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CarolinaFlare

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CarolinaFlare last won the day on March 29 2014

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About CarolinaFlare

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  • Birthday 06/02/1965

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    Portland, OR

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  1. At ~40lbs/cubic foot that could easily account for 200lbs
  2. Thanks Capriosca and enjoy the boat!
  3. Awesome build Capriosca! Do you have more pictures of the transom seating? I'm really interested in the concept of how it was constructed. Thx
  4. Did you take the forward seating out?
  5. What happened to the sarsaparilla build thread on the main forum?
  6. Great center console design! Will there be forward seating, in the bow, too?
  7. Prayers sent from the West Coast (OR).
  8. Thanks for the info, Miyot.
  9. Miyot, Do you remember the total length & width of you strong back? And, does the transom extend past the stern end of the strong back? Trying to figure out if I can build in my garage or if I need to look for another build site. From your pictures I can tell the stem is at the tip of the nose of the strong back, maybe 6" further at most. Cheers, Michael
  10. Keeping an eye on both yours & Miyots builds as I'm hoping to build the OK24 early next year. Keep up the great work, both of you!
  11. Couldn't you fill the gap with thickened epoxy? Nice work, Fisherman38!!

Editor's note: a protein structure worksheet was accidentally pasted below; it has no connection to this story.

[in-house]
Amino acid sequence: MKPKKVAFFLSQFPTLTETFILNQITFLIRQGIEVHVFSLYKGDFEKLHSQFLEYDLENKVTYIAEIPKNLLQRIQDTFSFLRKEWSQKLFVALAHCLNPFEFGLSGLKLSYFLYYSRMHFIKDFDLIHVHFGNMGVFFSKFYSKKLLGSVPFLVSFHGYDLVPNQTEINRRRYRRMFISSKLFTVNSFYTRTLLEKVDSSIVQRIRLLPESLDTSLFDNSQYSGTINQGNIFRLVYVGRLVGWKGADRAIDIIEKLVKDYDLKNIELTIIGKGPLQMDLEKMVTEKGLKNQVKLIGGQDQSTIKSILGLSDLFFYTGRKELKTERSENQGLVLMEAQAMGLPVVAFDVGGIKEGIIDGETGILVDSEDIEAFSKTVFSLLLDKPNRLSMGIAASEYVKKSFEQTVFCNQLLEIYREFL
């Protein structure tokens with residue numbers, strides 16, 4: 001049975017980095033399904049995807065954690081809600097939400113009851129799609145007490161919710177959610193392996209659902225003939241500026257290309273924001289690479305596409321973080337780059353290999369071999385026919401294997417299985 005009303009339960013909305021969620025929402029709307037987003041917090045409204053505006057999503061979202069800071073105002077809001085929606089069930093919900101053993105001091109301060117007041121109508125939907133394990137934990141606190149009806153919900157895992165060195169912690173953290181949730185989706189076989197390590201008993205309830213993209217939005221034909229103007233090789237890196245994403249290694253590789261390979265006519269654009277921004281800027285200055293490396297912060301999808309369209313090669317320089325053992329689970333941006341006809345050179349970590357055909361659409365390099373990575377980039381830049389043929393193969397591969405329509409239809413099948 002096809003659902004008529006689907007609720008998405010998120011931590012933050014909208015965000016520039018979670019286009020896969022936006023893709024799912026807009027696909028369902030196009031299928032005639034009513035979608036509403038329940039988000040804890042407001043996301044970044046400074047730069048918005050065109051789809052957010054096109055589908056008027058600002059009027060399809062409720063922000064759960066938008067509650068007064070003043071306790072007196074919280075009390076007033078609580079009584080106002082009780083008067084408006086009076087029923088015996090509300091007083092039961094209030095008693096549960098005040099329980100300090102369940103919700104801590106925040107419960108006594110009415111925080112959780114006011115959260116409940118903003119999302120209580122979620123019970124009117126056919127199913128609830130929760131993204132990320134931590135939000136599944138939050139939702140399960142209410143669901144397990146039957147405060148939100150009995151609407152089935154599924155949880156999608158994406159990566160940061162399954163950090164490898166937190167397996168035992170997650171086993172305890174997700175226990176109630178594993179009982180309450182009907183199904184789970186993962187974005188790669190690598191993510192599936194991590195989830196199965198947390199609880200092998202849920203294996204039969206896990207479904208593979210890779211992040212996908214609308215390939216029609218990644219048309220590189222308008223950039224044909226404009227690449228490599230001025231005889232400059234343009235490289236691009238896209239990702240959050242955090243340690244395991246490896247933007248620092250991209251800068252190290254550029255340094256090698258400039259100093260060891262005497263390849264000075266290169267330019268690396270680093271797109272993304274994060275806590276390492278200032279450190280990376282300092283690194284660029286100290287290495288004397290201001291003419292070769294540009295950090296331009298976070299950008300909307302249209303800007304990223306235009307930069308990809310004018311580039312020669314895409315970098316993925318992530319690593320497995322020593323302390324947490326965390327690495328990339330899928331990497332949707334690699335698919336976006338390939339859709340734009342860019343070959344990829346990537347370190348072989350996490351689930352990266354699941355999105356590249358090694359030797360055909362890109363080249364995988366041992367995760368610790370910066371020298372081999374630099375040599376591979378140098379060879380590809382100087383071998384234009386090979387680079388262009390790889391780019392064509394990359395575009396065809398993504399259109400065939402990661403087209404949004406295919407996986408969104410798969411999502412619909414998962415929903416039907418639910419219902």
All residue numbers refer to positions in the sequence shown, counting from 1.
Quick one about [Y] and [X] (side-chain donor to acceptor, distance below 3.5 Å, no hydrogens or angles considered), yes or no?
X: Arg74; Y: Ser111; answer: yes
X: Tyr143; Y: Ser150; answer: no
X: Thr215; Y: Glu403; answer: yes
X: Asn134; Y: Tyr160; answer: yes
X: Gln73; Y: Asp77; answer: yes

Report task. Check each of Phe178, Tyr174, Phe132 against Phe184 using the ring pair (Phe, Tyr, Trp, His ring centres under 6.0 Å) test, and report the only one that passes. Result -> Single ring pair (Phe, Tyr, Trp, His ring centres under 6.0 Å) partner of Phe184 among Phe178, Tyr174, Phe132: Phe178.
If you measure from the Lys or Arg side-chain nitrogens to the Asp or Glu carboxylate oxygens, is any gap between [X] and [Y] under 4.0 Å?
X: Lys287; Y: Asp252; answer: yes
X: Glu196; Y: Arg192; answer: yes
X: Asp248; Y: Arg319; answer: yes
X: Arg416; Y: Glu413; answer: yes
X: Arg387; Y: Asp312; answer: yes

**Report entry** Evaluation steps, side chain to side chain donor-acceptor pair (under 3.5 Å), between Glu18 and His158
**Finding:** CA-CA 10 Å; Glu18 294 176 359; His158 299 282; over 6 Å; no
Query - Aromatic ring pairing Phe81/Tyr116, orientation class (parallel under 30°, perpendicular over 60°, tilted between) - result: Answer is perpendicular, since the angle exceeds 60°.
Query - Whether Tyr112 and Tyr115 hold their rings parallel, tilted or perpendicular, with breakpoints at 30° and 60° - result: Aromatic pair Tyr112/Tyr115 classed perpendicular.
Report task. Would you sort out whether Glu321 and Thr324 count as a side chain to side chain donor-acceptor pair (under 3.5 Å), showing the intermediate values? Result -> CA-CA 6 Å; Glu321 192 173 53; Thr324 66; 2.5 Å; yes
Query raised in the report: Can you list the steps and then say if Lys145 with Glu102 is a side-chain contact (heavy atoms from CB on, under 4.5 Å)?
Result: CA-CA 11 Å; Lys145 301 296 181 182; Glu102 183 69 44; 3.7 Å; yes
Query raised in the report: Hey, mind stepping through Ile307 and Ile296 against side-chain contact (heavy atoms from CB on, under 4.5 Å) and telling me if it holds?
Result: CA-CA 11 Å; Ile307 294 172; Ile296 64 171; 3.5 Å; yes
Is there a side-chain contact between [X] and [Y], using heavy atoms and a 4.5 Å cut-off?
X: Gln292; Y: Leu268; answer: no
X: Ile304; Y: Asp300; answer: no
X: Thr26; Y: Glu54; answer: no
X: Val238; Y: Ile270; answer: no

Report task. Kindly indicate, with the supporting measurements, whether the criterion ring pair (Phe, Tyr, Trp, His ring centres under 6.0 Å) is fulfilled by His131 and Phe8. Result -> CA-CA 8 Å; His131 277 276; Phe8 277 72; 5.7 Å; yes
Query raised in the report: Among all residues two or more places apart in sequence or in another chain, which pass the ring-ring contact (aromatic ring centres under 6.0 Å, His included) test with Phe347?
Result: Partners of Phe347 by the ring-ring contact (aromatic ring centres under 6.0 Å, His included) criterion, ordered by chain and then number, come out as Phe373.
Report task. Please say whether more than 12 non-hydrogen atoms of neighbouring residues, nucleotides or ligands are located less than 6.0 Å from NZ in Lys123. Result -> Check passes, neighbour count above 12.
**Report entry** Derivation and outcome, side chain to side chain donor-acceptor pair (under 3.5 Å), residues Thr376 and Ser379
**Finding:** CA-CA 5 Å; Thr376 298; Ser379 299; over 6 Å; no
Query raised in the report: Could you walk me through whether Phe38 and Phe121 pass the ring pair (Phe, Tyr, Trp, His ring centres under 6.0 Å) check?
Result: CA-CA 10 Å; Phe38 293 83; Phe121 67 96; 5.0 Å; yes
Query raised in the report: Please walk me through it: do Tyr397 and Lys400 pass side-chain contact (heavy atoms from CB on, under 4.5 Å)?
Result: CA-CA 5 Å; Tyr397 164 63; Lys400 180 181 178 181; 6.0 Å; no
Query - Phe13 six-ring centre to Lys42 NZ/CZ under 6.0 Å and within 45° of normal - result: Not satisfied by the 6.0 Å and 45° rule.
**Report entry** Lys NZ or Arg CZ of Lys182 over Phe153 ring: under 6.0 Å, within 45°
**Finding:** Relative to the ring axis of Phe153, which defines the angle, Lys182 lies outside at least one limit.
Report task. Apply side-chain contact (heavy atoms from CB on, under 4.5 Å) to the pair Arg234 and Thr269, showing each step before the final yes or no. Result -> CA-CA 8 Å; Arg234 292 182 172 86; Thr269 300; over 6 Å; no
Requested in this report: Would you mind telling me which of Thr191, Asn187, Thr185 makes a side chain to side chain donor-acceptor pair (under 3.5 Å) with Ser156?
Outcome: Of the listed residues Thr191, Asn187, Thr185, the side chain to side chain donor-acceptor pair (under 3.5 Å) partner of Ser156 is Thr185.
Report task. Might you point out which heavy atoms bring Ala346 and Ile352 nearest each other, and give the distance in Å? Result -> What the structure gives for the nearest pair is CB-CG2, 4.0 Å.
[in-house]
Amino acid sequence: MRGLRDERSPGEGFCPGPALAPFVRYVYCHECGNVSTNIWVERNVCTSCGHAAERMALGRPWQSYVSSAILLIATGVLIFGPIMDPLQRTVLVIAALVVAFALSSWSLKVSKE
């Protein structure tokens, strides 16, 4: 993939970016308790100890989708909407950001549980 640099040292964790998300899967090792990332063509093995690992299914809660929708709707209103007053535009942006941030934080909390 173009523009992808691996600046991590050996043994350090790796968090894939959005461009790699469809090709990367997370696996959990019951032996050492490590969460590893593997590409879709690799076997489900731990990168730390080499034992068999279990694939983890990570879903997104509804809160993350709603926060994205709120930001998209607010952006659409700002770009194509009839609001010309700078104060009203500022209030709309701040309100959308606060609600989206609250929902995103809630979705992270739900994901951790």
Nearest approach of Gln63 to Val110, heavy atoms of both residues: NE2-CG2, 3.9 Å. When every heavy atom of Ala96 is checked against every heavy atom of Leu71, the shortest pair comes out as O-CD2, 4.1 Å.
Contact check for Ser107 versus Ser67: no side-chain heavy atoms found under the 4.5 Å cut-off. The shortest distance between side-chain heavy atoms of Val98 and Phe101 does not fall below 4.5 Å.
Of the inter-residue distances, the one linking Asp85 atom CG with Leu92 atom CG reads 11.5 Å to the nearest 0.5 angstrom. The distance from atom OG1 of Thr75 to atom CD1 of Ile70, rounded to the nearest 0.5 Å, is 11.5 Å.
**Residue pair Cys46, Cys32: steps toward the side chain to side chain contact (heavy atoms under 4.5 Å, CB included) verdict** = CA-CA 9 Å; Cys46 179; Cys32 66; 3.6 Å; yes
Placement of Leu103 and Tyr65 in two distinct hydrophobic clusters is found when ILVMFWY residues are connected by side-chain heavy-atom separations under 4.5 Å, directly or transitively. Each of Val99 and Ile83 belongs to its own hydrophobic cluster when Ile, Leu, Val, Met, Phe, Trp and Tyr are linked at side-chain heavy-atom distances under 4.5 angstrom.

12. Sorry, typo....porta bracket (http://www.portaproducts.com/index.php?page=porta-bracket), similar to a jack plate. I'm torn, love the functionality (more room in the back of the boat) but prefer the traditional look of mounting on the transom. With the designed transom (one layer around the perimeter, 3-4 layers in center) could you even mount a full bracket?
  13. Miyot, Are you planning on using a bracket, jack plate, or port-bracket to mount the engine?
  14. Hi all, Been lurking on a couple of different sights/forums to gain info and my nerve to tackle my own build. I came across the process below on an Aussie site and performed a copy/paste. Hope the original poster won't mind, just thought it'd be helpful info to square up the bottom edge of the transom. PM me if you want the link to the other build, not looking to ruffle anyones feathers. The reverse chine is made from a combination of epoxy, flock, glass powder, cabosil and wood flour. A balsa wood and /or cardboard dam is glued onto the hull with C.A. then the mixture is trowelled into place and shaped. After it has set off a bit a mixture of Q cell and epoxy is trowelled over the top to allow for fairing to shape. The base composite mixture is very very hard to sand so if there happens to be any high spots which really should be avoided they can be ground down with a grinder. The cardboard and balsa just sands and chissels off. It is really not to difficult to do and does not need to be glassed over. Make sure you rough up the substrate with 40 grit before you start. I intend to make the strakes and skeg the same way. I will put up photos. To make the glass powder lay up some scraps of DB (Biax) fibreglass onto some spare wood let it cure. Then, up it with the belt sander (40 grit)...Collect the glass and there you have it. You will need to wear protective clothing unless you like the glass imbedded in your skin and lungs. Miyot, exceptional work & craftsmanship!!
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